However, the new wave of indie guitar music is still prominent in his household, but on the speakers of his children, ‘I’m constantly hearing Catfish and the Bottlemen in their bedrooms.’
These bands may be a part of a new generation, yet it is still their passion and determination that has allowed for their success, in the same respect as Shed Seven. ‘You’ve just got to keep playing as much as you can, even if no one is listening to you. You need to get that work ethic going. We kind of realised that things might not particularly come looking for us, we’d have to go searching, so we went down to London and played in run down pubs with no one watching, and then packed up our stuff and drove all the way home through the night. The basic thing is to have it in your heart…and write good songs.’
It is clear how much grafting Rick and the original line-up threw into every effort to make it in the industry, and those who do not embed the same attitude, Rick has no time for, ‘I think that not long ago there was an advent of bands signing record deals after two gigs. Fair enough if you get that luck, but you shouldn’t expect that. I’ve seen an awful lot of bands fall at the wayside over the years for expecting it to come to them, when it doesn’t happen. You should work for it and when it finally does happen you can sit down and say we’ve earnt this, we deserve it.’
Success in this world can only be achieved if you endure an unimaginable amount of hard work, and patiently await a spot of luck. ‘We played pubs in York like The Winning Post and The Spotted Cow, when we were underage. When we were at school we’d put posters up in the corridors and then get told off for that because we weren’t meant to be in pubs. Then we did a four track demo tape that we spent a bit of money on recording. We sold them to friends, and somehow a copy found its way to this fella in Coventry, who heard it and liked it, phoned up the contact number on the back, and he became our manager.’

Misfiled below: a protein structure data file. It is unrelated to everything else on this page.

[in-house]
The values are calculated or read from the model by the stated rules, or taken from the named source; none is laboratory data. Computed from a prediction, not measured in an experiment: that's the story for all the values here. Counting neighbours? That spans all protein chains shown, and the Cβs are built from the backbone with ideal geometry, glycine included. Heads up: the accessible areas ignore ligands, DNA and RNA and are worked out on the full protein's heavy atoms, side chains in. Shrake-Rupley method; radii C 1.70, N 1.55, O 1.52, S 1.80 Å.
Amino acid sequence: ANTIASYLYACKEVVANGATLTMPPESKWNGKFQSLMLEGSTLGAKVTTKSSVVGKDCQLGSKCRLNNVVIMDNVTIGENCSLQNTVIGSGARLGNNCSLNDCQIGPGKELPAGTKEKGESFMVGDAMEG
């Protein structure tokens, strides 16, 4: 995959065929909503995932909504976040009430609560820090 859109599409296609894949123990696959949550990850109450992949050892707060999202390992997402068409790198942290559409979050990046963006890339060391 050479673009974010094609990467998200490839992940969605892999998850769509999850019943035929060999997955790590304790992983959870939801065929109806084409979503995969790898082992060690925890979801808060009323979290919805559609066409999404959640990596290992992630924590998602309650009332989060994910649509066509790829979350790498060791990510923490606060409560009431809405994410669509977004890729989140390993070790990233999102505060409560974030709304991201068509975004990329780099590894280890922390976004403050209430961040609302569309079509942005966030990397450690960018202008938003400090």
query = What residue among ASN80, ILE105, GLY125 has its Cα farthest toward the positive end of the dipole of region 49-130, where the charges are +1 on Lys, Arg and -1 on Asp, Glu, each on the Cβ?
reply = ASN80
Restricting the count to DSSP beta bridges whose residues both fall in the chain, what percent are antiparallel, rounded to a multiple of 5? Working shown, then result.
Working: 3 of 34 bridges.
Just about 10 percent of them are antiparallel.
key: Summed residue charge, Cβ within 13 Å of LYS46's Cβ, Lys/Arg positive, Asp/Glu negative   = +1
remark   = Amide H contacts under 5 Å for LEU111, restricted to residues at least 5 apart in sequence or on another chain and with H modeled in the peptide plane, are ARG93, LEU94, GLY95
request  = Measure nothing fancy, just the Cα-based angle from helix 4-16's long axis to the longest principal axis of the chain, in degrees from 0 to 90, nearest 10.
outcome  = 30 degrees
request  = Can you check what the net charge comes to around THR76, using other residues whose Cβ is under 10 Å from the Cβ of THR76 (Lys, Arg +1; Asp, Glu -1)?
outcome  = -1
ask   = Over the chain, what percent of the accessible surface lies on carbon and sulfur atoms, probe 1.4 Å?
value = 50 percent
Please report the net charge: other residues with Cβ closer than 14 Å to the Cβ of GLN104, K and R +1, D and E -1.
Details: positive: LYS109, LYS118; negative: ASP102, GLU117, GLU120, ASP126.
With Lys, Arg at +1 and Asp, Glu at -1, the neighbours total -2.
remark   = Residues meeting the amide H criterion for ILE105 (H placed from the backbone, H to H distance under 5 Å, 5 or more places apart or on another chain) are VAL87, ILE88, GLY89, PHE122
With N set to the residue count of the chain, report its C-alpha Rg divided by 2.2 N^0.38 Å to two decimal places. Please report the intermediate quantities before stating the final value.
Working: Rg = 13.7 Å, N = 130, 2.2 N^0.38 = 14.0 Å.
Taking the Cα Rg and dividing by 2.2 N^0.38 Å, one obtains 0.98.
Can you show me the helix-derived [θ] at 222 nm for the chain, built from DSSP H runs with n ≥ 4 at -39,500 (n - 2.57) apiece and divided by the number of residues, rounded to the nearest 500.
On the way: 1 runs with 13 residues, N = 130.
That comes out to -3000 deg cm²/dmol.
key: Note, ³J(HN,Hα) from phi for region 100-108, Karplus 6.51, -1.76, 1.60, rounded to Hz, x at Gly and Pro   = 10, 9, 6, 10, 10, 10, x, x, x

‘So between us and him, we created this buzz, and doing all of that resulted in someone from Polydor Records coming to see us in this pub and there was about five other people in the room. But we walked out like we were U2 at Wembley, and that resulted in our record deal.’
‘There’s an awful lot of luck as well as the talent involved. It’s a funny old world, but that’s with everything in life. You could be the managing director of Boots- but you got there somehow.’
Despite their four-year break from 2003-2007, Shed Seven have survived the demands of the music industry and find themselves still touring regularly, contrary to the other titans of the decade. They return to the market every other Christmas for a big sell-out tour, and then indulge in the occasional one-off festivals and treats throughout the rest of the year, like their visit to Keele University on the 29th July, which will be their first time at the venue.